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Starting in 2016, many countries enacted digital services taxes (DSTs), a turnover tax that applies to digital companies regardless of whether they have a physical presence in the taxing jurisdiction. After the Organization for Economic Cooperation and Development’s Inclusive Framework reached final agreement on its two-pillar solution to tax challenges in a global digital economy, these unilateral measures went on pause. This Note reflects on the recent DST phenomenon, reconceptualizing the DST debate as part of a broader discourse on global governance and globalization. Although DSTs first emerged in developed countries in the European Union, this Note analyzes developing country DSTs against the backdrop of vocal U.S. opposition. This Note demonstrates that the DST discourse confirms long-held suspicions of developing countries regarding the international economic law that shapes the course and outcomes of economic globalization more broadly. Nonetheless, this Note argues that the DST debate and the resulting Pillar One solution reflect important positive changes to the archetypal globalization and global governance narratives. Taking stock of these changes, this Note concludes that DSTs are and were a powerful negotiating tool for developing countries in their attempt to reorient the principles of international tax toward a more equitable distribution of taxing rights and to recognize broader tax goals beyond economic profit.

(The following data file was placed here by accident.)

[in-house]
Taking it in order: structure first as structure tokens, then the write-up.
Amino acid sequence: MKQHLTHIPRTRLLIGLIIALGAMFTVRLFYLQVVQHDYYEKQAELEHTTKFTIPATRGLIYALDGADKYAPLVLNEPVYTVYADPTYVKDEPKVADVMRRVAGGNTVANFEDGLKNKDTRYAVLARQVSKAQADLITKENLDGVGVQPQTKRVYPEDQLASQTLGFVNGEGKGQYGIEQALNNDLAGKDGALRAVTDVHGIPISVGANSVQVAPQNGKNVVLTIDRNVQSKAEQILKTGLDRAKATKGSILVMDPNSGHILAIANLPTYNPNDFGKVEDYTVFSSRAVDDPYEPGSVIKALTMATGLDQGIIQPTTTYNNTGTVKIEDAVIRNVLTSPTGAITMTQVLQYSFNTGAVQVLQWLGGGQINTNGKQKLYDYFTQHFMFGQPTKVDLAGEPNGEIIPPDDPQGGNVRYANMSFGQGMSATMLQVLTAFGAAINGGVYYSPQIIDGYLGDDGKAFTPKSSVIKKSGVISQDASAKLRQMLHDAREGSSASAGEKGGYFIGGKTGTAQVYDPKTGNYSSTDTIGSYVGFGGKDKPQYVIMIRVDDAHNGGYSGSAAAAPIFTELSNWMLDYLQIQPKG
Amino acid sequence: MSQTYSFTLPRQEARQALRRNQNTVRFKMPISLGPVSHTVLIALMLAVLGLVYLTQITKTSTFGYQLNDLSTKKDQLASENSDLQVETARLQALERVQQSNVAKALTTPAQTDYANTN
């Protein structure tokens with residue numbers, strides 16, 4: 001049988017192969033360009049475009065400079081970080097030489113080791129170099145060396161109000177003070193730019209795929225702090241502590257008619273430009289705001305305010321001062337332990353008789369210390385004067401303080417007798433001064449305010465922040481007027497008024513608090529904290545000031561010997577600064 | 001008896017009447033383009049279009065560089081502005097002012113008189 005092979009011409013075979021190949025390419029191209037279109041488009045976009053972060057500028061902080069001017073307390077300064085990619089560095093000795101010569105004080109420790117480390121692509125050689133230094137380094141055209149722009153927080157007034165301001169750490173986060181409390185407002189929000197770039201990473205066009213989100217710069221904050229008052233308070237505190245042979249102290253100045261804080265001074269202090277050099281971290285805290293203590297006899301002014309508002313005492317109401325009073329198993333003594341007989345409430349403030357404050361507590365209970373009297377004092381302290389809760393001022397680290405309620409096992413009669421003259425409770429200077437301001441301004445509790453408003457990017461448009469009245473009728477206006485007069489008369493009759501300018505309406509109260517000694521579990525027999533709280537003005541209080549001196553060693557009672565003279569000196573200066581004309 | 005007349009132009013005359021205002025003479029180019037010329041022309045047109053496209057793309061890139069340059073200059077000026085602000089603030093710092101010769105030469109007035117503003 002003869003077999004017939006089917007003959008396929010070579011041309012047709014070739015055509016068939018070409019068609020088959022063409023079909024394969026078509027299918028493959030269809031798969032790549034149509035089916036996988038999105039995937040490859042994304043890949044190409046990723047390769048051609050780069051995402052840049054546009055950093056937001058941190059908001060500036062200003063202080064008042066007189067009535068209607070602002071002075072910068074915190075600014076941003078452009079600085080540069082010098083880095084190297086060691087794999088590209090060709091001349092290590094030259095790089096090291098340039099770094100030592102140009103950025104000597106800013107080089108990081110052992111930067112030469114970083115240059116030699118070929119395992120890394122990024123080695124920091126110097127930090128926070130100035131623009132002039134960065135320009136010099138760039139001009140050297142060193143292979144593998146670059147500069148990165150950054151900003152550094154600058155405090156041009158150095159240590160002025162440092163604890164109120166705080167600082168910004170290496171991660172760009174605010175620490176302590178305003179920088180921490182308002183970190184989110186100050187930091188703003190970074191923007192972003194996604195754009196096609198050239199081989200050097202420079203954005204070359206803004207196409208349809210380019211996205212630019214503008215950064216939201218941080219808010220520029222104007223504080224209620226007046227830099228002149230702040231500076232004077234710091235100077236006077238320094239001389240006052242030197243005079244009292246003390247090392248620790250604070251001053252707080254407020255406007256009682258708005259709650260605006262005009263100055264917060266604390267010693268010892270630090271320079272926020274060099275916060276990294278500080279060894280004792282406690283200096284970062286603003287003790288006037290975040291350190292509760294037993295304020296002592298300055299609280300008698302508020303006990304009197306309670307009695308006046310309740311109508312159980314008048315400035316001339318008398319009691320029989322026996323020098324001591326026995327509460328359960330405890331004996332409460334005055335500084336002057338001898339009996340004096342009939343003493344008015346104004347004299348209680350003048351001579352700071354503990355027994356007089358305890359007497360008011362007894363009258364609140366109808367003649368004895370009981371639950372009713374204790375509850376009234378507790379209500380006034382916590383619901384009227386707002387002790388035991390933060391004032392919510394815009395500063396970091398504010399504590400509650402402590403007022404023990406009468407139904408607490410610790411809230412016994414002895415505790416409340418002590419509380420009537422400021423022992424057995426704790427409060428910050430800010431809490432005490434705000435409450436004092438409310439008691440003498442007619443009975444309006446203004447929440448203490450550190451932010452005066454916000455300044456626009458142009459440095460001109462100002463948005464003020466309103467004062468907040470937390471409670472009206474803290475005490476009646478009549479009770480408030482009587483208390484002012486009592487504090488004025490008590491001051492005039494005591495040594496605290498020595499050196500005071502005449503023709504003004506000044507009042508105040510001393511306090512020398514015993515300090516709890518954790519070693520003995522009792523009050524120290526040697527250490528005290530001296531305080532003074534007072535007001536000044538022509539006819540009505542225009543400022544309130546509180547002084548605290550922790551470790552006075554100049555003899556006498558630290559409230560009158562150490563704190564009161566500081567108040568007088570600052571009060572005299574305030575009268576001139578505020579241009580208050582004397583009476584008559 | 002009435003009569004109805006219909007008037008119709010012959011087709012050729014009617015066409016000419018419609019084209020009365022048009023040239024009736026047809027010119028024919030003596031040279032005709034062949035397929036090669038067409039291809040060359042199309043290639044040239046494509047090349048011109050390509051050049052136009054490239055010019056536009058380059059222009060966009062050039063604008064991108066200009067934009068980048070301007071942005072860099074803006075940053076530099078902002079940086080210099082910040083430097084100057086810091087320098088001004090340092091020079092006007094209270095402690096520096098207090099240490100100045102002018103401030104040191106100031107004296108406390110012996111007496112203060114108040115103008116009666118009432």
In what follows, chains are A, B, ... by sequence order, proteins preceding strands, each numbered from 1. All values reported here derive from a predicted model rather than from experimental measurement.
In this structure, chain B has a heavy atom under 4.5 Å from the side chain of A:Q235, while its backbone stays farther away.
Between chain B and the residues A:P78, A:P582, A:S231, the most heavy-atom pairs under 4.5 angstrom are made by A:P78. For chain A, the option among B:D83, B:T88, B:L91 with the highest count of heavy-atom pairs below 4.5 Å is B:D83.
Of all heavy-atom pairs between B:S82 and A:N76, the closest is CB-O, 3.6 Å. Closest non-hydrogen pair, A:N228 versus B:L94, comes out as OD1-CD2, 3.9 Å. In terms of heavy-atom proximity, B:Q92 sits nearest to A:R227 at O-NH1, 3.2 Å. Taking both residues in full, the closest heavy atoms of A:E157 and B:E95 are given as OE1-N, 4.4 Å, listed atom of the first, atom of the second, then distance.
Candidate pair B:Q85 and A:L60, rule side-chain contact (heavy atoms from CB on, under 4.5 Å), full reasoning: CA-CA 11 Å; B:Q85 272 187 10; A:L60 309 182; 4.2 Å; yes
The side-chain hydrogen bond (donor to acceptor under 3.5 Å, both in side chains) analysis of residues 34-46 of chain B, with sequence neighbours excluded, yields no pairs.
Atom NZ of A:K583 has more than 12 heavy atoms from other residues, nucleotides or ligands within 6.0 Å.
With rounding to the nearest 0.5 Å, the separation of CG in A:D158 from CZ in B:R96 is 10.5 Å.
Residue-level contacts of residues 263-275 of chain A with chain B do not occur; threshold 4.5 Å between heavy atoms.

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7 Sep 2022
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  • Subject
    • International Law

    • Internet Law

    • Taxation

    • Taxation-International

  • Journal title
    • Boston College Law Review

  • Volume
    • 63

  • Issue
    • 5

  • Pagination
    • 1797

  • Date submitted

    7 September 2022